Good, Dorcas (17th century) Youngest victim of the Salem Witches hysteria of 1692–93.
Dorcas Good was the daughter of sArAh good, one of the first persons to be accused of witchcraft in Salem, Massachusetts, in 1692. Only four years old, Dorcas was also accused of being a witch. In childlike fashion, she readily confessed to witchcraft, which she said she learned from her mother.
Dorcas was arrested about a month after her mother, in march 1692. She was cried out against by the afflicted girls along with Rebecca Nurse and Elizabeth Procter. The girls accused Dorcas of tormenting them, saying she was taking supernatural revenge for the arrest of her mother.
When brought up for examination, Dorcas was confronted by three of the afflicted girls, Ann Putnam, Mary Walcott and mercy Lewis. Putnam and Walcott fell into their fits, claiming Dorcas had bitten, pinched and choked them. They showed the marks of pinpricks and little teeth on their arms. The evidence was convincing to the magistrates and the onlookers.
Little Dorcas was an easy mark and became the second person after the slave Tituba to confess to witchcraft. Asked if she had a Familiar, Dorcas said yes, it was a small snake that sucked at the lowest joint of her forefinger. Dorcas showed the examiners a red mark at the spot, about the size of a flea bite. In all likelihood, it was a flea bite, but it was accepted as a Witch’s Mark or Devil’s Mark by the examiners. Asked who gave her the familiar, the child replied that it was not the “Black man,” the Devil, but her mother.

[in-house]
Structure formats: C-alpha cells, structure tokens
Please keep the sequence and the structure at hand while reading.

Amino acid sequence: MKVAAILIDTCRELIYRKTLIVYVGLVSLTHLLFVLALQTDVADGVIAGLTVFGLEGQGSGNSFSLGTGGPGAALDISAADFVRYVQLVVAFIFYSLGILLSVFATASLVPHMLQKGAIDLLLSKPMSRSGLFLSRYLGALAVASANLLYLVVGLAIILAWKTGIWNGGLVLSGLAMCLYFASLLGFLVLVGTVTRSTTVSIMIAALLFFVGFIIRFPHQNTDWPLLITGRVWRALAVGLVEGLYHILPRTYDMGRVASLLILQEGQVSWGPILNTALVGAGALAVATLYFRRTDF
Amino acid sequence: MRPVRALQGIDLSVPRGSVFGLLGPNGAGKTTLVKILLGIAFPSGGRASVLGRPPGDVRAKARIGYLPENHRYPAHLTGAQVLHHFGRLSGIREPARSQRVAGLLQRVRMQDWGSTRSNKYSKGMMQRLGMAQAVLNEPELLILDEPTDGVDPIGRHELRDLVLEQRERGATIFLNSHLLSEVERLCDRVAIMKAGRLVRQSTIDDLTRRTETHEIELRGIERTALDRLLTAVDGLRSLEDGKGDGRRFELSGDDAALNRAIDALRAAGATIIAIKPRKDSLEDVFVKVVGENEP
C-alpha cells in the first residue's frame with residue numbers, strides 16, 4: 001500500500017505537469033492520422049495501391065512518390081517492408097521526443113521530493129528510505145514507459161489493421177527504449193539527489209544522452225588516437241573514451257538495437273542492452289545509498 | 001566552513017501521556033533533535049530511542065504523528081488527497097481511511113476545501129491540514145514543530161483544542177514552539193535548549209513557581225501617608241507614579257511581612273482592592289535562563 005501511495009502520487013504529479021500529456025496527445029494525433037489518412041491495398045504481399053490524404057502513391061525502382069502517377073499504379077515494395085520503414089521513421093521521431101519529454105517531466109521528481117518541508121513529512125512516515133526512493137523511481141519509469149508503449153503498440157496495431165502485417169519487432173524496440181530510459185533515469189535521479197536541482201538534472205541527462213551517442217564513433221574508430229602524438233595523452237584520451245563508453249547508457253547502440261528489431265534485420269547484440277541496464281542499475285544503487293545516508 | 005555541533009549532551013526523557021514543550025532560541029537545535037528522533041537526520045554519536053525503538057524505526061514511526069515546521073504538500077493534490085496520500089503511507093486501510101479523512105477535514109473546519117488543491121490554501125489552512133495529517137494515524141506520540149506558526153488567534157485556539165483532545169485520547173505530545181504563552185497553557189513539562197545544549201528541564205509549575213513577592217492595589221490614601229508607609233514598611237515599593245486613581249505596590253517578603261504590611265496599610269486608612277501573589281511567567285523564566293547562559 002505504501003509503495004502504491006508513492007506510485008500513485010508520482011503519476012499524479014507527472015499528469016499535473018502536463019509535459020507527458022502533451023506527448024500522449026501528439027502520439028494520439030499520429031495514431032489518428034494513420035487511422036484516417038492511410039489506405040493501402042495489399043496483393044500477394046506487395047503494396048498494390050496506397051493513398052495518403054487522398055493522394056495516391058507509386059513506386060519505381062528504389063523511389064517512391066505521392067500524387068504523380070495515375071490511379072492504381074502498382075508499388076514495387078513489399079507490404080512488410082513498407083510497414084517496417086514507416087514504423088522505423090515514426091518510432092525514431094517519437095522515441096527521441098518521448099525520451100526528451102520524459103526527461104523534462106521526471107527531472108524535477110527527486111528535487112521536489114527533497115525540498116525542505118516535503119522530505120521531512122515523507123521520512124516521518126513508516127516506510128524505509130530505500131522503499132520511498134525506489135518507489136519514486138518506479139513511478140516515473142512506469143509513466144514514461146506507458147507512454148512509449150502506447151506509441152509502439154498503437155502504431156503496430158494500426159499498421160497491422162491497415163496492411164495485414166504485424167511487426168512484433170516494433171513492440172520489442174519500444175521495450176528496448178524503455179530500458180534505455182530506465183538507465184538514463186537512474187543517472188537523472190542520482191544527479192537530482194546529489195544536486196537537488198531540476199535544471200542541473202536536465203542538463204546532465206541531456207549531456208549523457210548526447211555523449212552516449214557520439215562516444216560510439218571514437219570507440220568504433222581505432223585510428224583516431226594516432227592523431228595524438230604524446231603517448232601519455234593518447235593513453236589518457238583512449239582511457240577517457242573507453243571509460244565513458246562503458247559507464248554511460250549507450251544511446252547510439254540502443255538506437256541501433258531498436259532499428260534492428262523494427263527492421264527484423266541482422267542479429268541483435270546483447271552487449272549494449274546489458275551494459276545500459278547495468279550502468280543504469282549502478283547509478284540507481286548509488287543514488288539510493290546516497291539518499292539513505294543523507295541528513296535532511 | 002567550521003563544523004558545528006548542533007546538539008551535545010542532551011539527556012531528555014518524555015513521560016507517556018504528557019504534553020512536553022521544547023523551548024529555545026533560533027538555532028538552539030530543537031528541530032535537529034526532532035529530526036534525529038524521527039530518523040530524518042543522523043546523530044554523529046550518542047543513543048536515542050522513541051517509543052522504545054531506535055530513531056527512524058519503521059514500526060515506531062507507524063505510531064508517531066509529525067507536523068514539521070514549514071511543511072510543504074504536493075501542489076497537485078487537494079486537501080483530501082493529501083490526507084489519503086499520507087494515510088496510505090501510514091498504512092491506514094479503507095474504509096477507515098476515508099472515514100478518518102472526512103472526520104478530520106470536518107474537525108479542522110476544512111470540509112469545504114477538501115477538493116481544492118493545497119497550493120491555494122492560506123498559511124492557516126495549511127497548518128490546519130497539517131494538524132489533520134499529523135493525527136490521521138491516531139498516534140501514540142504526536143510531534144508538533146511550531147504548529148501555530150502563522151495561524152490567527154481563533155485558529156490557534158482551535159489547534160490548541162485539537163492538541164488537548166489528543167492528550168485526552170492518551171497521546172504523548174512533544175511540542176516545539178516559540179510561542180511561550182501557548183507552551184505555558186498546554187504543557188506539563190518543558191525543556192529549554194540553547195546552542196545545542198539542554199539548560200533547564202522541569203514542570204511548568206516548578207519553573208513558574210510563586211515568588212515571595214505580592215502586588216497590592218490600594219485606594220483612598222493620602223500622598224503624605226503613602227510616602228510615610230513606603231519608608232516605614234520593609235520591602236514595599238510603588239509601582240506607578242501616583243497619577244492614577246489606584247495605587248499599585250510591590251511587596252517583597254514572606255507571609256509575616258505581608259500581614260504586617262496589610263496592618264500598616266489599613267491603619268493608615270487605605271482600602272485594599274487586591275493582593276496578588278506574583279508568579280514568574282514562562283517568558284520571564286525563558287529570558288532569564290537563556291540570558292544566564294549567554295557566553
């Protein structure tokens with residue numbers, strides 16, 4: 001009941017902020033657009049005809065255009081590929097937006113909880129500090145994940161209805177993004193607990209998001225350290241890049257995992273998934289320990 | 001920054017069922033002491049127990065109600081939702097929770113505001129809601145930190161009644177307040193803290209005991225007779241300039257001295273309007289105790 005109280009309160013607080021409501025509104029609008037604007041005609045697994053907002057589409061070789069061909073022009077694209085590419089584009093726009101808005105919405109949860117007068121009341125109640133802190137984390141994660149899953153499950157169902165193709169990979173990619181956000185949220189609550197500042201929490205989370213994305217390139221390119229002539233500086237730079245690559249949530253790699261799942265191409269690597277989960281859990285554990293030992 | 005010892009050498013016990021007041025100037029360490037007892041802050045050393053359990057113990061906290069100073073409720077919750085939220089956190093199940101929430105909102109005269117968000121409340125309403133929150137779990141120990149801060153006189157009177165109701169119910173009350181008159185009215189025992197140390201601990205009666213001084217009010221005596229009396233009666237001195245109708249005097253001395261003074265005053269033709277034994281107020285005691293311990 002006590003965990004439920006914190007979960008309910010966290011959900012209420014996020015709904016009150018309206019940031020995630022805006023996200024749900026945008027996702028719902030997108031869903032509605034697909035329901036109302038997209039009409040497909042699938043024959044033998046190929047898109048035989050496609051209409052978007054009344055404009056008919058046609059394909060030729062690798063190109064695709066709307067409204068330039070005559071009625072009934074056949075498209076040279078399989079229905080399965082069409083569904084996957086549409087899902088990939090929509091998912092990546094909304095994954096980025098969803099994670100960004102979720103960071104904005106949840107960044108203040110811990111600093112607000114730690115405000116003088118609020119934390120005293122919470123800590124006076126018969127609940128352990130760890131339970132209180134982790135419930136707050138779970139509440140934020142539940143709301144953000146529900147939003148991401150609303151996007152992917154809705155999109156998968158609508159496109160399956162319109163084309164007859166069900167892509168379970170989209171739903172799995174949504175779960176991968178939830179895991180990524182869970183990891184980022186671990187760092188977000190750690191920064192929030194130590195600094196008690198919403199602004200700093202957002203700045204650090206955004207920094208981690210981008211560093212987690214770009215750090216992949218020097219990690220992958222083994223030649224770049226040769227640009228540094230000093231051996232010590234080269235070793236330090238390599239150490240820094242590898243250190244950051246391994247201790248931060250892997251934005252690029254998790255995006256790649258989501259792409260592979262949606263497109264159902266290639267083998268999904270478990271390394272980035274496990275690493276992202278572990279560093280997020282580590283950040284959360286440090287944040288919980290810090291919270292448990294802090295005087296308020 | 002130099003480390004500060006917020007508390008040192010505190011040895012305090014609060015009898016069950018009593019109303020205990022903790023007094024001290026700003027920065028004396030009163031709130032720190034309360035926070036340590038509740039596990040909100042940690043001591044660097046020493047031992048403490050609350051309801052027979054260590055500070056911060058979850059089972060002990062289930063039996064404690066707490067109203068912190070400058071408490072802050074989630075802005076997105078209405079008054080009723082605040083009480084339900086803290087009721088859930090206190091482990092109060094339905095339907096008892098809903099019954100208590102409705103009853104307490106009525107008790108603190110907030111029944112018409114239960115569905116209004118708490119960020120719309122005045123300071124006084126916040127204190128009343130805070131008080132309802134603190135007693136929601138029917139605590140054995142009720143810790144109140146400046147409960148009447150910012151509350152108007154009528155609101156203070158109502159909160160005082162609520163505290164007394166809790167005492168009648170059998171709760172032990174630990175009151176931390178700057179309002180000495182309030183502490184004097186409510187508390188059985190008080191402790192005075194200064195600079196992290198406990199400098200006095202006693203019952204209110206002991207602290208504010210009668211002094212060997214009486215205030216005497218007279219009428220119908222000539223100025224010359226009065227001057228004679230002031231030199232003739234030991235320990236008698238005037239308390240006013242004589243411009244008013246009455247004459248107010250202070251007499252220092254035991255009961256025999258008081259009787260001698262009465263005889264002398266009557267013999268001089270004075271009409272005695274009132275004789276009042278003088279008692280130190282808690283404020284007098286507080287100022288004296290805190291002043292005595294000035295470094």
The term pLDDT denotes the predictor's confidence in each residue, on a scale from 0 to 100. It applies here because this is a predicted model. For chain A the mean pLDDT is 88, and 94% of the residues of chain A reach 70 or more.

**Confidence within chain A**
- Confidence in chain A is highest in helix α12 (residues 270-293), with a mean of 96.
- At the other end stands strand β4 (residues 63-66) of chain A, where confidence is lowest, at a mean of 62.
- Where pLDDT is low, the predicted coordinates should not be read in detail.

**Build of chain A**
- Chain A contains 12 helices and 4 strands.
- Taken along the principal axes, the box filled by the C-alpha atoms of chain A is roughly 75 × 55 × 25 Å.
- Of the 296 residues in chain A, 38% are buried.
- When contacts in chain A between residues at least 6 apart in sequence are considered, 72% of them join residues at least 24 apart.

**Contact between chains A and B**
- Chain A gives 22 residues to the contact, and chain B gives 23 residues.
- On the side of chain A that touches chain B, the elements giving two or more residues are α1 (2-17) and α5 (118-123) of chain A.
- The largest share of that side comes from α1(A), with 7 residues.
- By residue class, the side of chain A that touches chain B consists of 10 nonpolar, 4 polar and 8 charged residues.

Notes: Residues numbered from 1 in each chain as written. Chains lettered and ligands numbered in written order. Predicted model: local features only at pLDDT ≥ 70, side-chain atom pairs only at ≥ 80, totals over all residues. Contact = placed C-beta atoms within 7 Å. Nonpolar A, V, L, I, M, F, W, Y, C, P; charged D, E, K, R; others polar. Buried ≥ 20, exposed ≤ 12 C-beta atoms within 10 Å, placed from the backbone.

Dorcas continued to give evidence against her mother, testifying at her trial that Sarah had three familiars in the
shapes of birds that hurt the afflicted children and others. One was black and one was yellow.
Because of her confession, Dorcas was not tried for witchcraft. She was sent to prison in Boston, along with her mother, for about seven to eight months. There she was treated abominably, as were the other prisoners, and was confined in chains. They were too poor to pay for their upkeep, and “the country” was billed for their food and blankets.
Her father, William Good—who testified against his own wife—wrote a letter to the General Court in 1710 in which he protested the damage done to his family, including Dorcas. The child, he said, “hath ever since been very chargable, having little or no reason to govern herself.”
- Hansen, Chadwick. Witchcraft at Salem. New York: New American Library, 1969.
- karlsen, Carol F. The Devil in the Shape of a Woman: Witchcraft in Colonial New England. New York: W.W. Norton & Co, 1987.
- Upham, Charles. History of Witchcraft and Salem Village. Boston: Wiggin and Lunt, 1867.